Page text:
I remember as a child that if I asked too many questions, I was reminded of the proverb Curiosity killed the cat. A sharp way to shut up a child because all the questions can wear out an adult. The problem is that the proverb killed off curiosity as it was too dangerous to step into the world of questioning and asking.
Ian Leslie has written a book called Curious and brainpickings.org has a piece on this to which I have referred in previous pieces. What I like about the central tenant is that curiosity does take us on a journey where we are not entirely sure of the destination.
I remember when I was teaching a History class the Italian Renaissance some time ago, one of the students said: “Why did humans at this point in their history become so curious?”
I can’t remember what I answered but I was blown away by the question. It certainly helps to explain the seminal work of Masaccio’s Holy Trinity (Santa Maria Novella, Florence) and the first use of perspective in art, a key aspect of the change that took place during the Italian Renaissance.
We humans have always been curious. Yes, it is about being interested in learning things around us and attempting to explain and understand. But it can take us to places undreamed of before. Ian Leslie is right when he says it is unruly and provisional. It may well be impulsive.
As children we are also taught not to be curious about the way we feel and our emotions. I remember getting curious about girls’ emotions and when I asked my sister why girls just turned on the taps and wept I received a biology lesson.
Goodness, did I get an earful! At least she didn’t shut me up.
When I mentioned to my mother I was feeling low, she would remind me to count my blessings – and made me feel I was selfish and I should pull myself together. Now I see that that may not have been her intention at all.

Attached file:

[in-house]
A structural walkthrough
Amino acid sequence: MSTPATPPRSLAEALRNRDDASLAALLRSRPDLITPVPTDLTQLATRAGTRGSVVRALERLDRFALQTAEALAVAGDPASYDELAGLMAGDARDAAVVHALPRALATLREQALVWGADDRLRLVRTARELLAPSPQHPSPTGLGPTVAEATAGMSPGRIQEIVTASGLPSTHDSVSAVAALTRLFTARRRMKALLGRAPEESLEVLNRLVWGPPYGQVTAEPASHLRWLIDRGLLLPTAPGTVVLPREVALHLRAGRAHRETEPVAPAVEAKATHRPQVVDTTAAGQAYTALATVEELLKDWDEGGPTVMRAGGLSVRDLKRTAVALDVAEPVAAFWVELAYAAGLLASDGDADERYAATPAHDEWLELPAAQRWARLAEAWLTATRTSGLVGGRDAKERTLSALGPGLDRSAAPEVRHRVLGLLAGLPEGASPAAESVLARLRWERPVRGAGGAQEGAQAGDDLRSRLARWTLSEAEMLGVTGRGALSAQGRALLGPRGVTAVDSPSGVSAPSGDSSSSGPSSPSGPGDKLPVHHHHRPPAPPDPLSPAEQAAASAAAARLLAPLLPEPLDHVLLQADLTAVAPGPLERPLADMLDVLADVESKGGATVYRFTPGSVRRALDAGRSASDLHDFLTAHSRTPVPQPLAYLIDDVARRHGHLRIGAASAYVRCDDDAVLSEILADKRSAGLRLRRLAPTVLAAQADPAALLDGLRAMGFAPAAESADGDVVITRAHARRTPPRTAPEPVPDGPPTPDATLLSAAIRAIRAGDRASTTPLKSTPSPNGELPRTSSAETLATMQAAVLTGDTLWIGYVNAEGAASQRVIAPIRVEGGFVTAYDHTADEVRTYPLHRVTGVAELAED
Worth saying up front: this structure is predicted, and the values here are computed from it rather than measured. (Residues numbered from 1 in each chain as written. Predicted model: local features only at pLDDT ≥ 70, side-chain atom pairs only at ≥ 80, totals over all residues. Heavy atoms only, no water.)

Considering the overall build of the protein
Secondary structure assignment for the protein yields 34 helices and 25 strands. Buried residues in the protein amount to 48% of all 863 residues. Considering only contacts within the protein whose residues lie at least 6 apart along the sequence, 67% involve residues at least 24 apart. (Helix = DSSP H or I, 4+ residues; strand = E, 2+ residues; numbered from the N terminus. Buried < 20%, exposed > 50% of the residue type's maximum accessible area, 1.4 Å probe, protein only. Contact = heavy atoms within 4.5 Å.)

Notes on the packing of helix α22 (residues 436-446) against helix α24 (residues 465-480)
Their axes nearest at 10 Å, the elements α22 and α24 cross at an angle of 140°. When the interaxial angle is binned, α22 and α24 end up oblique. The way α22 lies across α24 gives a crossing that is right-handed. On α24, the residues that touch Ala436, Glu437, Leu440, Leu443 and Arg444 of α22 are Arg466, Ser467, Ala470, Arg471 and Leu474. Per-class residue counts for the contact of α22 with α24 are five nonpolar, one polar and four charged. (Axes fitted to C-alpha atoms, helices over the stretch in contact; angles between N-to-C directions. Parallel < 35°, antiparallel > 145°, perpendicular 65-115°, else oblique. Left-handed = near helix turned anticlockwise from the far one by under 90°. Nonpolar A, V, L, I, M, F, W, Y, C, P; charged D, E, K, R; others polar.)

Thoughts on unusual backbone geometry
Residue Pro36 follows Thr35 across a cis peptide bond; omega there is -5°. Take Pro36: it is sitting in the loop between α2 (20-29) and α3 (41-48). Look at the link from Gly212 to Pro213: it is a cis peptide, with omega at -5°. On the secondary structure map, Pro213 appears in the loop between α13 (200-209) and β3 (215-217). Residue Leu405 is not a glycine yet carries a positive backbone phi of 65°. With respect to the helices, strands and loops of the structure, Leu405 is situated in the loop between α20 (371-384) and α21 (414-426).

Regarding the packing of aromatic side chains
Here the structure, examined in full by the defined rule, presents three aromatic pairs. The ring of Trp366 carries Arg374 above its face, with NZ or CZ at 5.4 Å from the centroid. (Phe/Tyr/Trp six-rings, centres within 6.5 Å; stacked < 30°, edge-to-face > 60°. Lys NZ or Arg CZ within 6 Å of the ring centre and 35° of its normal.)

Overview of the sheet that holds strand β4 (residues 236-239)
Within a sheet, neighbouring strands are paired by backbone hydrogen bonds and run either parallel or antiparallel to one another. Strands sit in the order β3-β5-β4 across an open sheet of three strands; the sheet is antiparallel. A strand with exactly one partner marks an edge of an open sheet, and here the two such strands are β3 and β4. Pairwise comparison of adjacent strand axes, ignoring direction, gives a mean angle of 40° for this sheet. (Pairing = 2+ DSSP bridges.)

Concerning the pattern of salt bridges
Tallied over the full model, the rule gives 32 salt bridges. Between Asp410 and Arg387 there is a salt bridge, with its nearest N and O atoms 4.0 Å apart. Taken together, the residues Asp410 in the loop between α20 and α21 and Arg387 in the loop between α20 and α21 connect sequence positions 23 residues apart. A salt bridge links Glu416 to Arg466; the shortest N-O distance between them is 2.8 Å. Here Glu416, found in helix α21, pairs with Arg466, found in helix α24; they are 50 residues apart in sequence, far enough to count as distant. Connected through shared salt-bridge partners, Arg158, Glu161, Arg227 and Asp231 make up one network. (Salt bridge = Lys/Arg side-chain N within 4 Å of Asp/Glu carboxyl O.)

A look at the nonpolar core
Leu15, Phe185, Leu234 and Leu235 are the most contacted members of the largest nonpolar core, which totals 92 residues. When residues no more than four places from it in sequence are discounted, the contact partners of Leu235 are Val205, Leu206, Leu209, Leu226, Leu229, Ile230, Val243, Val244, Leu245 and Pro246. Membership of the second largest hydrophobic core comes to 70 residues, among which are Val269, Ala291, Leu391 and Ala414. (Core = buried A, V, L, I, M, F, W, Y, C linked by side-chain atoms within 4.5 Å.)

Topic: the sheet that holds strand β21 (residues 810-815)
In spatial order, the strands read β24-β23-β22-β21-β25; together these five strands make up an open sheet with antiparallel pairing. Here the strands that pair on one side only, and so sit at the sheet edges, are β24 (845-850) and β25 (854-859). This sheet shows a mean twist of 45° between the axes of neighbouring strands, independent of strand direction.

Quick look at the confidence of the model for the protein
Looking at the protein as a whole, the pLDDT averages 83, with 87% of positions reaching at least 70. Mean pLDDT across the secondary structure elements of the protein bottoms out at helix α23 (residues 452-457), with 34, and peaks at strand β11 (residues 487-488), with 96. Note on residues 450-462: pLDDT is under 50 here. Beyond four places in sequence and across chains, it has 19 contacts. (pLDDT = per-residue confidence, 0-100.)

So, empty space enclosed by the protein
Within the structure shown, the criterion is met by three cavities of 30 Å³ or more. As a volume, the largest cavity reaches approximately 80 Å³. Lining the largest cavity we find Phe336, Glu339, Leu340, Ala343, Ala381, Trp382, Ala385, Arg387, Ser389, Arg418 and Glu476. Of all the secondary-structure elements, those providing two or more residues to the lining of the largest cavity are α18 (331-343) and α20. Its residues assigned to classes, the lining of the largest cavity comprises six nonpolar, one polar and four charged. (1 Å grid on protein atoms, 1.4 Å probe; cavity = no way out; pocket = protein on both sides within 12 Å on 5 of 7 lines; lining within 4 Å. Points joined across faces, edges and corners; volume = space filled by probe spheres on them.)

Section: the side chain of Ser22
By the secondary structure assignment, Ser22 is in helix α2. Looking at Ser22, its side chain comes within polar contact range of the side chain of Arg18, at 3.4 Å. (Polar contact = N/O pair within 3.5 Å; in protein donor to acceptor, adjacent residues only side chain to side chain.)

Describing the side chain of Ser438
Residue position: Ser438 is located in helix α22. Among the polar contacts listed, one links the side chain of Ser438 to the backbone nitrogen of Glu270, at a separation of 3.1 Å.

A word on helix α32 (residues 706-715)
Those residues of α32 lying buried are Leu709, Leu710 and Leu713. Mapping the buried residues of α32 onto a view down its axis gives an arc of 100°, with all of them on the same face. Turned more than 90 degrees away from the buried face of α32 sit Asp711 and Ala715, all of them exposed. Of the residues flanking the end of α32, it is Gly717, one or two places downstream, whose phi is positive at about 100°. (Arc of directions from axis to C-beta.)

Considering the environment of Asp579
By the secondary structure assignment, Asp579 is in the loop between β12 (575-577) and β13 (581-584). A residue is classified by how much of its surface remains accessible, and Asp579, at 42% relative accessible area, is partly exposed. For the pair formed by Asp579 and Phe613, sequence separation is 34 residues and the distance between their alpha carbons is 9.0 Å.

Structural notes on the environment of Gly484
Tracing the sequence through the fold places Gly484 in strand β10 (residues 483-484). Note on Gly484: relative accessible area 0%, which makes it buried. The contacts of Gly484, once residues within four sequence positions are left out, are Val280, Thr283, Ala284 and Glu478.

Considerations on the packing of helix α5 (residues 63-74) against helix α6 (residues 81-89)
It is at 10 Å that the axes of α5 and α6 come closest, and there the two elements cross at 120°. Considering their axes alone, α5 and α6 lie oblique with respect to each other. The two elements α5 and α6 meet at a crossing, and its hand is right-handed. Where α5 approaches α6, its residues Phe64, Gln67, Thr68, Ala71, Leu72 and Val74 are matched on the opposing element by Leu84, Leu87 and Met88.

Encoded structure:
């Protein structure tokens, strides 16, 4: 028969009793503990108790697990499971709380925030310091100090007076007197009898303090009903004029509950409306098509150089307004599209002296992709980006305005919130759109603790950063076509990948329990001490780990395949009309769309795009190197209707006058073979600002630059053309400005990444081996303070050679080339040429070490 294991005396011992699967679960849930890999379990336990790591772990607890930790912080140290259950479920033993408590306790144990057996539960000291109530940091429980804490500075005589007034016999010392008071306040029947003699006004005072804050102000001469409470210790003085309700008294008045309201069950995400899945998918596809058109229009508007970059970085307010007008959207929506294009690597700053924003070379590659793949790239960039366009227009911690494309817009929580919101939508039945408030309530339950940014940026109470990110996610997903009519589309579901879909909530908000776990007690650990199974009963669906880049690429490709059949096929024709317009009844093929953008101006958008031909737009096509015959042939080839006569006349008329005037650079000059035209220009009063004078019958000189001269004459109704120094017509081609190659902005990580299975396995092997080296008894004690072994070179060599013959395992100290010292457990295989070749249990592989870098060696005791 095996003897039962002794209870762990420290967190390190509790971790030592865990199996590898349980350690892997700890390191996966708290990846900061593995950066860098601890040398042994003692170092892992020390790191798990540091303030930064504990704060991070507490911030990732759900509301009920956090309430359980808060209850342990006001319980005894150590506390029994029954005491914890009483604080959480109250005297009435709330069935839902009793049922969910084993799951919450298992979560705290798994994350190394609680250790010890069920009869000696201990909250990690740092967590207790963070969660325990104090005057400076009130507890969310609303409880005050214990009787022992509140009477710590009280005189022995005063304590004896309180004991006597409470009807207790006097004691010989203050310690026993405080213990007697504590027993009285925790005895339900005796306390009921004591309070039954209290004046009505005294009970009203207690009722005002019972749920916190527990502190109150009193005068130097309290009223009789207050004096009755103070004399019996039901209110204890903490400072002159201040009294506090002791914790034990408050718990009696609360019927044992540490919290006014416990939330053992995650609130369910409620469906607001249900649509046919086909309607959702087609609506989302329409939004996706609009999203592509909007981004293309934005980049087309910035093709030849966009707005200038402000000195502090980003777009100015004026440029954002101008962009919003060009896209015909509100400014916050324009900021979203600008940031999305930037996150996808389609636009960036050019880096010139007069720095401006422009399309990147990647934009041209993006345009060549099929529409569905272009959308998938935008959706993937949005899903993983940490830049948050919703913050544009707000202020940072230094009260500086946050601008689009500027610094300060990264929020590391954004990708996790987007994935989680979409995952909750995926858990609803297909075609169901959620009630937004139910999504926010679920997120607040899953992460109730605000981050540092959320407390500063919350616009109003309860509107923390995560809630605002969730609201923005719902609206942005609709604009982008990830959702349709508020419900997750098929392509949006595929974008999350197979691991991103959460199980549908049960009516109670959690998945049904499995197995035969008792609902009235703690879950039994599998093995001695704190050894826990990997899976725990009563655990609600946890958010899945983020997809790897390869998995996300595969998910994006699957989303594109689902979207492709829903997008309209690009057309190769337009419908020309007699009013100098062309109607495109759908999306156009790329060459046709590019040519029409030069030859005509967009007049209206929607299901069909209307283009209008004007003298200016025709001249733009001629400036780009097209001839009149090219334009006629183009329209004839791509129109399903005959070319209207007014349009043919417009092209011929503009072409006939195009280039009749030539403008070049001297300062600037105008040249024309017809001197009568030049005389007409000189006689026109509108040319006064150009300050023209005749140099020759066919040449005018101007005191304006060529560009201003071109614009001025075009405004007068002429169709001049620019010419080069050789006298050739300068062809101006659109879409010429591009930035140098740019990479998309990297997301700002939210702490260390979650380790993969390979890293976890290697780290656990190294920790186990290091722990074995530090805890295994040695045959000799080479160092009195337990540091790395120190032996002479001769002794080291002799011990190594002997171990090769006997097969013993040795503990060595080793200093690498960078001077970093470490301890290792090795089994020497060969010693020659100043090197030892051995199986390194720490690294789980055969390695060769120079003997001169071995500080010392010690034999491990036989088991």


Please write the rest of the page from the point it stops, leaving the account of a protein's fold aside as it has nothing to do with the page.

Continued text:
I quickly learned, however, that expressing such emotions was a bad thing but that did not take away the feelings. Brene Brown urges us to get curious about our emotions (Rising Strong) and although it may well take you on a pretty uncomfortable ride and you may well journey into the dark recesses, bravely dealing with your emotions may well provide some answers that you may have got stuck on.
I think getting curious is helping me to get unstuck. A difficult thing I have to teach, an idea I have to convey, a feeling that I have not dealt with. Getting inside the stuckness and getting curious about how I am feeling about it often is the way through the swampy landscape.
Chase Jarvis (www.chasejarvis.com) and Brene Brown talk about creatives and what makes them tick. In our own way we are all creatives but show up differently about how we express it or reveal it. We may have buried it in the back garden and can’t find it any more. We may be too afraid to use it and step out. I guess that if we are prepared to be vulnerable to people we trust we can begin to reclaim that which was once lost.
I dare to be out there and you may well not like what I write but that’s okay – what ever you think, I will express some of my creative energy in writing poetry and prose. You can express yours in the way that says what you are all about.
In this piece (below) I was searching for the emotions that lay behind an experience, lived a long time ago. Although I didn’t know it (I had not read Brene’s book!), I was clearly curious about an emotion that I was feeling that day.
And, here’s the thing, being curious has nothing to do with cats. They have plenty of lives and we have one.
Often, I have been down that road in memories that usually catch me out. If I were to go back again, I am sure it would look different. Then – a dirt, rutted road that made its way from the barracks into the village of Inyanga. Pastoral almost.
It had been the Rhodes and Founders weekend – what a memorial to a joke that we no longer believed in – and I was walking away from the barracks in a cold, biting wind.
I looked back and waved to him – camouflaged-trousers, the shock of blond hair and youthfulness strikes me now all these years later. I wept for him as I turned down the road. An army truck threw up dust, signposting its journey, and I simply cried. They were tears in the wells of a terror that had no name.
(People die in wars).
And I was thinking that this would be the last time I would ever see him again on that cold winter’s morning.
Since then – in recent months – we have talked in snatches about the time he saw things that in a sentence make me weep again for the innocence that was lost to protect something we no longer gave a damn for.
I weep still for my brother and me.